The last few days have been oddly reminiscent of the period after Prime Minister Narendra Modi withdrew old high-value notes worth 86 percent of the currency in circulation in November 2016.
What’s The Problem?
News reports from various states, including Andhra Pradesh, Madhya Pradesh, Telangana, Maharashtra and Bihar, said that ATMs were facing a cash crunch. The government and Reserve Bank of India officials attributed the shortage to unusual local demand in a few states. Finance Minister Arun Jaitley called the cash crunch a “temporary shortage”.
About 10-12 percent of the ATMs are facing the crunch, particularly for Rs 500 and Rs 2,000 notes. That will remain the case for the next five to seven days, according to the banking secreatary Rajiv Kumar.
What Could Have Led To The Crunch
There's a sudden increase in demand for cash, particularly in some parts of the country such as Andhra Pradesh, Telangana, Karnataka, Madhya Pradesh and Bihar, the finance ministry said.
According to R Gandhi, a former RBI deputy governor, the current shortage is related to local demand and supply. “Currency demand depends on occasions such as elections, festivals where we see a spike. Also, when state and central governments pay out their social welfare schemes in currency, there’s a spike,” he said.
Another reason for the crunch is that payments to farmers have gone up during the ongoing crop procurement season, according to Rajnish Kumar, the chairman of India’s largest bank State Bank of India.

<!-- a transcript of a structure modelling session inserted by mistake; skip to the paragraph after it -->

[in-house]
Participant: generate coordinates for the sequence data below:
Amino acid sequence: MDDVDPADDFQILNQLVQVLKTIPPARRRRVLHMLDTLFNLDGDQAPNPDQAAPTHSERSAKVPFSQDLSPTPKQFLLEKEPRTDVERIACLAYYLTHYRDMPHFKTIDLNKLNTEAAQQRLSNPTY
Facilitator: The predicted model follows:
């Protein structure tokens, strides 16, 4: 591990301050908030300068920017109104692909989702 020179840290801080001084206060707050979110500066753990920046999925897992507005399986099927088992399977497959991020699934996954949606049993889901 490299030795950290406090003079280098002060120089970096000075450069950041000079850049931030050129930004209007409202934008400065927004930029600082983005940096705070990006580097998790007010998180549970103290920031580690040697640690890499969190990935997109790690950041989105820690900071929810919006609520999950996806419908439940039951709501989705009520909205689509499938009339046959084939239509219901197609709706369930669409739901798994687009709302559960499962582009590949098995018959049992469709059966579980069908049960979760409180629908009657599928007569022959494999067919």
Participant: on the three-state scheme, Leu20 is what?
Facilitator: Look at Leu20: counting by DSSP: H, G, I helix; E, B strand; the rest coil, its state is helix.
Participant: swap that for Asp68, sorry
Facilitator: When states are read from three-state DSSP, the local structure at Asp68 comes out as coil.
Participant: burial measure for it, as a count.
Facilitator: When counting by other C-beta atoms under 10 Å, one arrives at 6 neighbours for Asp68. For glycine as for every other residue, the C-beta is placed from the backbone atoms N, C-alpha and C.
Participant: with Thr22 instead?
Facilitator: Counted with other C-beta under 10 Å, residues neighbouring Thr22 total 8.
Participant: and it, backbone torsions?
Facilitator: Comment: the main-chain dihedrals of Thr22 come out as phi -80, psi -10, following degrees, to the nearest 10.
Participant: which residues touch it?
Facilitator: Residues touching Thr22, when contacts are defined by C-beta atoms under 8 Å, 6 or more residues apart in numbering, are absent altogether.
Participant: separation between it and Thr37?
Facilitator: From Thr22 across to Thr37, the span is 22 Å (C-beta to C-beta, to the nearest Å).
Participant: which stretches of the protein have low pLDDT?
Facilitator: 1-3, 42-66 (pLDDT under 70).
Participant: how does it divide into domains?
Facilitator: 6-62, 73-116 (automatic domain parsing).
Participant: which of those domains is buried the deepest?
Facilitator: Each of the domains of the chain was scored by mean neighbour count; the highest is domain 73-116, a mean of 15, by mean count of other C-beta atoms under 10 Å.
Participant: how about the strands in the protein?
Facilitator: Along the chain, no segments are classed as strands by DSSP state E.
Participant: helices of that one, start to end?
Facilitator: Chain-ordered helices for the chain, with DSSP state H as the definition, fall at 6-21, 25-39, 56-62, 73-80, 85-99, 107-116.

Meanwhile, the Reserve Bank of India said the shortage "in some pockets" is largely due to logistical issues of repleneshing cash in ATMs frequently.
Economic Affairs Secretary Subhash Garg said there is a trend of high-value notes being hoarded as Rs 2,000 notes are being circulated but not returning to the system. “We have not got this investigated, but you can assume this is the one note which is most suitable to hoard as this is a high value note.”
The government is still analysing the reasons for the shortage reported in five states.
What's The Government Doing About It?
Finance Minister Arun Jaitley has assured citizens that the cash crunch is temporary and will be resolved soon.
The government has stepped up printing of Rs 500 notes by five times. New Rs 500 notes worth Rs 2,500 crore are being printed everyday. Around Rs 70,000-75,000 crire worth of notes will be printed in a month.
There are also Rs 1.75 lakh crore worth of currency notes in reserve.
The government is taking all steps to ensure that ATMs are supplied with cash and to get non-functional ATMs normalised at the earliest.PIB Statement
The RBI said that printing of notes has been ramped up in all the four note presses. It is also taking steps to move cash to areas that are witnessing unusually high demand as a precautionary measure.
Should You Be Concerned?
Probably not. The government and the RBI have both said that they are doing their best to respond.
“There is no need to panic. We have more than adequate cash and this will be supplied to ATMs and bank branches very quickly in next few days,” India’s principal economic adviser Sanjeev Sanyal told BloombergQuint.
Garg said the government generally keeps a sixth of the currency in circulation in stock, and it has the wherewithal to deal with a situation where the demand for cash in the country doubles from current levels.
The level of cash, according to the central bank, is now close to the pre-demonetisation level at Rs 18.4 lakh crore as of April 6. But in terms cash-to-GDP ratio, it’s still lower at 10.9 percent compared to 12 percent before the note ban.